Sunday, September 13, 2009

From The New Orleans Voodoo Handbook: Yon Sue

Yon Sue, mighty warrior and king, hear my plea. Always you have been the champion of your people: you raise up the weak and bring low the mighty. King Agassou, panther who stalks in the night, strike down those who would do evil against me. As you led your people to their promised land, guide me through the darkness and protect me from the schemes of those who would hold me back.

Since the days of Marie Laveau, many in New Orleans have petitioned St. Anthony of Padua by another name. When addressed as “Yon Sue,” the benevolent old monk could become a powerful guardian. Indeed, some said that he was the special protector of those who followed the old African traditions. A few of his wealthy Creole followers claimed he was actually a mighty king: they wore red neckerchiefs in honor of their royal patron, whom they addressed as “Monsieur Agassou.”

A bit of research will soon verify M. Agassou’s regal bona fides. According to an African legend, a young princess named Aligbonon of Tado met a leopard in the jungle and fell in love with it: their union produced a son named Agassou. When the king of Tado died, Agassou tried to ascend the throne. Alas, his claim was denied: while his mother’s royal lineage was not in question, no one could determine whether his feline father was of the right social set.

Undeterred, Agassou and his followers left the kingdom and moved into the Abomey plateau (in modern-day Benin). There he proved his leadership credentials by setting up and ruling a small colony. The chief of one small nearby village, Da, complained that these new migrants were taking up so much room that they would soon be building a palace on his belly. Agassou responded by taking up arms against Da’s village. After killing him, they threw him into a pit and proceeded to place their new palace atop his body: its name, “Dahomey,” can be translated as “On the Belly of Da.” To honor his divine ancestor, the new king chose the leopard as the heraldic symbol of his dynasty.

While skeptics may question tales of Agassou’s divine parentage, none can dispute the success of his kingdom. Dahomey became famous for the discipline of its armies, including thousands of female soldiers who were known to European observers as the “Amazons of Dahomey.” This military might allowed them to expand throughout the Abomey plateau and on toward the coast. In 1645 King Houegbadja declared that each Dahomean king should leave his successor more land than he inherited. His successors took his suggestion to heart: by 1724 Dahomey had conquered the important port of Allada and become an important slave-trading kingdom.

The slave trade brought great wealth to Dahomey’s monarchy, and to the artisans and weavers who worked to decorate its palaces and temples. But although Dahomey was flush with gold, it lacked in basic human freedoms. Each citizen of Dahomey owed absolute allegiance to the king, who was honored as Dada (father of the whole community), Dokounnon (holder and distributor of wealth), Sèmèdo (master of the world) and Aïnon (master of the earth), among other titles. The slightest disobedience could be punished by death: a court official who fell into royal disfavor, or a relative who might pose a challenge to the throne, could be sold into slavery.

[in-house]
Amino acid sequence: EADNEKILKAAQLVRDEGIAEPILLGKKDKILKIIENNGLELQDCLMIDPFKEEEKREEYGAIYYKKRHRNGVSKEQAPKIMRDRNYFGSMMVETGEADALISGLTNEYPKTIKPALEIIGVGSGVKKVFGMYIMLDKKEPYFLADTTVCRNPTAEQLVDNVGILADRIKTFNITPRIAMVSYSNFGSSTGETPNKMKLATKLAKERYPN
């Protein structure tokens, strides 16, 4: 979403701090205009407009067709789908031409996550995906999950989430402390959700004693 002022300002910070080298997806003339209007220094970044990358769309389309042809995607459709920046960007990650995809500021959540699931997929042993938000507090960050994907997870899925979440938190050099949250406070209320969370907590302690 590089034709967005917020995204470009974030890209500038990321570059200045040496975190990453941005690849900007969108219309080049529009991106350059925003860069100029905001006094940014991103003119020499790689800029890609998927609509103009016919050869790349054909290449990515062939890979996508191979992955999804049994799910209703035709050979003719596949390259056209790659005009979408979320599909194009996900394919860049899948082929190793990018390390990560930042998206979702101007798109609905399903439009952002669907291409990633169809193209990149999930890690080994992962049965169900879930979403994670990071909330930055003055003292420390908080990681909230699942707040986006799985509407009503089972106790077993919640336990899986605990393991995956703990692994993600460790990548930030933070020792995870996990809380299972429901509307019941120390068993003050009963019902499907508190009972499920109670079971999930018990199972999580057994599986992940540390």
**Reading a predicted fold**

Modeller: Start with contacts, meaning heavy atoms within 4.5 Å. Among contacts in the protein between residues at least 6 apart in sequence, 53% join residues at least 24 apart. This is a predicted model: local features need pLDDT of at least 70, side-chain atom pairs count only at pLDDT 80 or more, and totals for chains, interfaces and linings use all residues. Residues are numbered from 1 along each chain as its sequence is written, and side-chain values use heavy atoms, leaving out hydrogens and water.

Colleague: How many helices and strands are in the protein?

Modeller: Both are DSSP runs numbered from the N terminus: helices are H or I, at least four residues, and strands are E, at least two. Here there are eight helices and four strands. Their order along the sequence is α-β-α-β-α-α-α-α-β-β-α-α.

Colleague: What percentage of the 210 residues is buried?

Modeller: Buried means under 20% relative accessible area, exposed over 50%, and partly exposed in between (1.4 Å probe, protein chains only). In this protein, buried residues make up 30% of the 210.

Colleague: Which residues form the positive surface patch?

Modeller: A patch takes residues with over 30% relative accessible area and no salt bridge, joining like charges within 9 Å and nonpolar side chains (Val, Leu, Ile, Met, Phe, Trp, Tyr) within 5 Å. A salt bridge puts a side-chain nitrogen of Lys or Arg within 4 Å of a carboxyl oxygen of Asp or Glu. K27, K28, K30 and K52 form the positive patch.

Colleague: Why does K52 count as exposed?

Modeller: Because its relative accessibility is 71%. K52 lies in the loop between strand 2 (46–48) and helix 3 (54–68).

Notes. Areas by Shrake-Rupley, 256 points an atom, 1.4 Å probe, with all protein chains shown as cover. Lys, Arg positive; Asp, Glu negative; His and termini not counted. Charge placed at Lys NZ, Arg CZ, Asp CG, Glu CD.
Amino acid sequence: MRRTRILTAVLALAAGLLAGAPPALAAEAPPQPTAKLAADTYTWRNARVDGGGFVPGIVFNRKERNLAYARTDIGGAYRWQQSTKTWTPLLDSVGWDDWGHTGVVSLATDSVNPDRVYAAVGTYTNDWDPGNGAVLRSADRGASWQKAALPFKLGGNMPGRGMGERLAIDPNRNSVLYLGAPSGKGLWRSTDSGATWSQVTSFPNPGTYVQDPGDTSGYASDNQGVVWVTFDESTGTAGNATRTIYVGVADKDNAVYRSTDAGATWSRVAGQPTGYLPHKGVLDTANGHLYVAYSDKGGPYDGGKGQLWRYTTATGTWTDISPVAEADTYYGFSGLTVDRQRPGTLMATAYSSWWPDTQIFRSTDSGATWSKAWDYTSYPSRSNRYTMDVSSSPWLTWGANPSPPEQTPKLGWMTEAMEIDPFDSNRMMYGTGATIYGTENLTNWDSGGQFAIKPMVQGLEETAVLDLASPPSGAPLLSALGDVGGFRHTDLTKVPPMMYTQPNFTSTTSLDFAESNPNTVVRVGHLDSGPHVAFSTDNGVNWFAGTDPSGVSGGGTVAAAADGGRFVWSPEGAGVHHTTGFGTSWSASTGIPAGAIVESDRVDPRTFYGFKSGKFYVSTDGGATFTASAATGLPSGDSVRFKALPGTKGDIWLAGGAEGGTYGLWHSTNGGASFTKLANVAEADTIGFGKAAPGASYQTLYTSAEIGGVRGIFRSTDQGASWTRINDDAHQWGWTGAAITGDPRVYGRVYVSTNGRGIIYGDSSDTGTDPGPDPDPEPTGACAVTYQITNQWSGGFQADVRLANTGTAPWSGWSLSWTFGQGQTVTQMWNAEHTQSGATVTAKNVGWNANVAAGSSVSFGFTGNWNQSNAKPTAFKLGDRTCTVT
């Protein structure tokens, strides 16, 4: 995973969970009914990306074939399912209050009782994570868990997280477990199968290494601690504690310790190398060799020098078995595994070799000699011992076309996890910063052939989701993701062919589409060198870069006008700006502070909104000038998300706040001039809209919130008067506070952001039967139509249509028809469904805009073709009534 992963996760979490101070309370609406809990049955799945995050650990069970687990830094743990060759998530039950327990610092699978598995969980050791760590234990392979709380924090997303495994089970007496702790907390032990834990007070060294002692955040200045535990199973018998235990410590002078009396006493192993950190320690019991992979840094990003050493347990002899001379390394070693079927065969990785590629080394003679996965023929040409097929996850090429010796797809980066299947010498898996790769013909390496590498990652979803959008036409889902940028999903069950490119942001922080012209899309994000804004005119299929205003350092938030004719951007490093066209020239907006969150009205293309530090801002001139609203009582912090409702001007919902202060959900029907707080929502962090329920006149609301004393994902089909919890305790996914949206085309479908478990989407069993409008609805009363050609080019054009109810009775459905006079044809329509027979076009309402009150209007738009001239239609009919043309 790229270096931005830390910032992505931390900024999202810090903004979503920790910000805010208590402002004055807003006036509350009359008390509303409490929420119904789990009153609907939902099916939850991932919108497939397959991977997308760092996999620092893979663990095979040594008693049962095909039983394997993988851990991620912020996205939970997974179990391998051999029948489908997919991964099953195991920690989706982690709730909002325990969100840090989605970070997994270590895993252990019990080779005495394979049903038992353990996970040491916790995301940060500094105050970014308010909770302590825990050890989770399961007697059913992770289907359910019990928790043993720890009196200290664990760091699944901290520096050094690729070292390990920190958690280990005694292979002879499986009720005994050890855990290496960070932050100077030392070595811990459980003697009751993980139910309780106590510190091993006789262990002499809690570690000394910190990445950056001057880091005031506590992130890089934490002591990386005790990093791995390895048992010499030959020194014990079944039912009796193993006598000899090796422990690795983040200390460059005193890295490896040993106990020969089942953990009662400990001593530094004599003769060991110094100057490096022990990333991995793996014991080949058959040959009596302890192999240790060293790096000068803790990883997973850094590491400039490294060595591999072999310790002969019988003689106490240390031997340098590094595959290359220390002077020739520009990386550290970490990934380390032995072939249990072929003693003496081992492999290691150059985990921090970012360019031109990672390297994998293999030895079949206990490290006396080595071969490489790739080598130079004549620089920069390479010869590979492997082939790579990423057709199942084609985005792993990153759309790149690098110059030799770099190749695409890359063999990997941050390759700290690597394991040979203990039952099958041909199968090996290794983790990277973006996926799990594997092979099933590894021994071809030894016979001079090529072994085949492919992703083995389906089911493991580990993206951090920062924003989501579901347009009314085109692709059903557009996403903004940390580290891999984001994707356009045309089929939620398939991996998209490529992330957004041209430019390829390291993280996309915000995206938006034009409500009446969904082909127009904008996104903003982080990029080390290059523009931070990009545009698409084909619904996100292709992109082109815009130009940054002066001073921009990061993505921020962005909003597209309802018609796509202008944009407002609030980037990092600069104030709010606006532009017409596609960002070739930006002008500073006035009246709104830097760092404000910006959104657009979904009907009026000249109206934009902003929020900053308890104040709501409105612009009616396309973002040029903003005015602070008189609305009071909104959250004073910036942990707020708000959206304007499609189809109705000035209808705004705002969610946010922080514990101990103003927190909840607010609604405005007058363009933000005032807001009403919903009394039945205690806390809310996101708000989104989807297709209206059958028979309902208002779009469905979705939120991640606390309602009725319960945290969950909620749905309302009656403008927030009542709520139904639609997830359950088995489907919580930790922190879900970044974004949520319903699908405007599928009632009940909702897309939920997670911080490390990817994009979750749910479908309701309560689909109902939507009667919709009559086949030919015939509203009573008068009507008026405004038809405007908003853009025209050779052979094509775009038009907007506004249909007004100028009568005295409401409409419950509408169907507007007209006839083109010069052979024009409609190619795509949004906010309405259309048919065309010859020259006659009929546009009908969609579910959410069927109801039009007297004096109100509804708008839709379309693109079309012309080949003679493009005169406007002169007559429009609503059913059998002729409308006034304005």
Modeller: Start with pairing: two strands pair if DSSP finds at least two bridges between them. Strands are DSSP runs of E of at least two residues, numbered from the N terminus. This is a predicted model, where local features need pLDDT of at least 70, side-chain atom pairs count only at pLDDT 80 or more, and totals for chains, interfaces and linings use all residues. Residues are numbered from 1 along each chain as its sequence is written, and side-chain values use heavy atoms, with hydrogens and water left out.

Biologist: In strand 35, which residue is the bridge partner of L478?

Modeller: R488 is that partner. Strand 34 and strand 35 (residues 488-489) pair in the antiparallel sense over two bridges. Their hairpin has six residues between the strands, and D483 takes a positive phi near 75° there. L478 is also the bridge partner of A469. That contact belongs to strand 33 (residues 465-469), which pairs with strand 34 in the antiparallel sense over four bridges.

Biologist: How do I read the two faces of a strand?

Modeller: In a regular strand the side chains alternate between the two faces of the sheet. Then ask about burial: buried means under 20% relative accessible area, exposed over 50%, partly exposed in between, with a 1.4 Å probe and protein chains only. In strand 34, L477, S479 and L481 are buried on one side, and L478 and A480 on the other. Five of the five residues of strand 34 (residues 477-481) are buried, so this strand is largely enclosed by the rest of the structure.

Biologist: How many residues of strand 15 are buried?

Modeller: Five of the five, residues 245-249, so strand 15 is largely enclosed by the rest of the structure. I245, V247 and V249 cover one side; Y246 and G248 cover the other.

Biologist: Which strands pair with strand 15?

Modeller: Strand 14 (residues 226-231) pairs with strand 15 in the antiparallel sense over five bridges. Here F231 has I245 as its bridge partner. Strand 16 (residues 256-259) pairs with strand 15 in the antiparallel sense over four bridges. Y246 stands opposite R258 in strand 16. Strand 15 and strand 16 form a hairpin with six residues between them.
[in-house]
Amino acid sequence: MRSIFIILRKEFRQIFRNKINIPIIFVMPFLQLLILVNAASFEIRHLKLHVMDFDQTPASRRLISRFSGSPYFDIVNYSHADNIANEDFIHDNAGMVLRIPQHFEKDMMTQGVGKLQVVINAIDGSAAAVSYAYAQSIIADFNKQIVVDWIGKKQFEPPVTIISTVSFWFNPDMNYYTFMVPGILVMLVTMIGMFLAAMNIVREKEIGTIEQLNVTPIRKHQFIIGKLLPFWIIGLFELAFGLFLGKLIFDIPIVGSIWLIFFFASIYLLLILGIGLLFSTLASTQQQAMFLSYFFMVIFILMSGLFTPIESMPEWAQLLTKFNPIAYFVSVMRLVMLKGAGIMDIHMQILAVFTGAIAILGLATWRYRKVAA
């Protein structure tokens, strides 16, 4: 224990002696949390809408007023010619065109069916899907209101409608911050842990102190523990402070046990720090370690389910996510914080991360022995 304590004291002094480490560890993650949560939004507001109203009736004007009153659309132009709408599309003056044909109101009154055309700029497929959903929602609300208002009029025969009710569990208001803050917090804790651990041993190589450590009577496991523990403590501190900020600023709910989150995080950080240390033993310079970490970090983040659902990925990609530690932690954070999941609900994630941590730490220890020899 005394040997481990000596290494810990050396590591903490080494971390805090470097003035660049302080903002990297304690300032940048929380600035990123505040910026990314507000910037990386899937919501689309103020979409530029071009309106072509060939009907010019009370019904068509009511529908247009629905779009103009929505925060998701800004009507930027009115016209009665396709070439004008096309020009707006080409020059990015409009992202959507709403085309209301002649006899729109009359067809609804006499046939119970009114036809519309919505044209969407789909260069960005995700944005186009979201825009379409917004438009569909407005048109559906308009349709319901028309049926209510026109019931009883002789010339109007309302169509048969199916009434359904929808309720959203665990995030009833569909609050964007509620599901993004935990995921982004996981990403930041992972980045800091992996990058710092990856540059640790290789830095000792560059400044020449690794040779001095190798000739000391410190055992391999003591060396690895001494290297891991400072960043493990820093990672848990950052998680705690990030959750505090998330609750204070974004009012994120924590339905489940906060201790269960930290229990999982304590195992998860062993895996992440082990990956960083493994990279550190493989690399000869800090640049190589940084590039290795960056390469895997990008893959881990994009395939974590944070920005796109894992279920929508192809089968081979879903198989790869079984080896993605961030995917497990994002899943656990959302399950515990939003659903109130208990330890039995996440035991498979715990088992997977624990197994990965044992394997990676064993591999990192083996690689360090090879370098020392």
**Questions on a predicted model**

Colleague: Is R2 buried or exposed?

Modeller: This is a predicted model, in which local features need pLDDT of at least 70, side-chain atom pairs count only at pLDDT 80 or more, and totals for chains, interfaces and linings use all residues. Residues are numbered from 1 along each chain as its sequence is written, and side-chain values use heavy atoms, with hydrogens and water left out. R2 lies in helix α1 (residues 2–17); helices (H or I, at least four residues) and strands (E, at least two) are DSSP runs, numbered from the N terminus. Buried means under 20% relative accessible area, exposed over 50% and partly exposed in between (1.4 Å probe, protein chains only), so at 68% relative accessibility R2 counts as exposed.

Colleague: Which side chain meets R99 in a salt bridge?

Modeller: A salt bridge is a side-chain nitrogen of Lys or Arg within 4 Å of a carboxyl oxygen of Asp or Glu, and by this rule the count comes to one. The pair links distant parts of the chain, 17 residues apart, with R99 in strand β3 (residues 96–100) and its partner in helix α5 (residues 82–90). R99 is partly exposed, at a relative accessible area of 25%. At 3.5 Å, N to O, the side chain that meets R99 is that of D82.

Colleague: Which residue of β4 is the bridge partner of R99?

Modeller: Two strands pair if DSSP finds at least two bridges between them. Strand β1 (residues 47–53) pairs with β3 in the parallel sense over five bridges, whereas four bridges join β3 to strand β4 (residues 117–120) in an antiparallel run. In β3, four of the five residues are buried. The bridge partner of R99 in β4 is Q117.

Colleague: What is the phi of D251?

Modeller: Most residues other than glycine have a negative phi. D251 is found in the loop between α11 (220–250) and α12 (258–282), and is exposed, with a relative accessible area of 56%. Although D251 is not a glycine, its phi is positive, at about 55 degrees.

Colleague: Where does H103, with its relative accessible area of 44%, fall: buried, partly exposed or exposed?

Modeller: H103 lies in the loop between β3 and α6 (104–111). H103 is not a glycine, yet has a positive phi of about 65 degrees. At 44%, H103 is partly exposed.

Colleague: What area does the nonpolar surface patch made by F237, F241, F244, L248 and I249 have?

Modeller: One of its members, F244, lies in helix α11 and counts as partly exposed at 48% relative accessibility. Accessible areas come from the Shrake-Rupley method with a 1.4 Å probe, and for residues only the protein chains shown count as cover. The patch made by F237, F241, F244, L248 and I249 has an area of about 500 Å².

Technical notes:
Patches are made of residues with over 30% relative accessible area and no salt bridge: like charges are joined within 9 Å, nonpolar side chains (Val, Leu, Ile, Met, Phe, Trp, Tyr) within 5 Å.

But even in the New World those slaves who carried Agassou’s blood continued to pay tribute to their half-divine ancestor. In New Orleans Yon Sue was known as the guardian of the old ways, the one who kept trouble away from the Voodoo queens and ensured they could continue their devotions to the African spirits. When the chips were down and legal or social pressures threatened the community, Yon Sue would make sure that his people survived to perform the traditional rituals. Police, crusading evangelists and muckraking journalists regularly launched crusades against Voodoo and its believers: Yon Sue saw to it that all their efforts came to naught.

To serve Yon Sue, you can get a small statue of St. Anthony of Padua or a leopard or spotted panther figurine. Tie a red ribbon about the statue: as you do, welcome Yon Sue into his new home and offer him your respects. You can serve him with red candles, rare steak and high-proof alcohol. Yon Sue is not one to be petitioned lightly: you don’t trouble the king for trivial matters. But if you approach him with the appropriate reverence and respect he will help you to triumph and prosper in the face of adversity.

If you are being harassed for your interest in Voodoo, you can ask Yon Sue for his aid – but make sure you are prepared for his response! Your tormentors may very well wind up dead or horribly injured. As a Dahomean king, Yon Sue has little patience for blasphemy and disrespect: he also knows the value of fear in maintaining order and discouraging wrongdoers. You may do better to call on him for advice in leading your group, or ask him to bless your rituals so that the spirits look upon them with favor.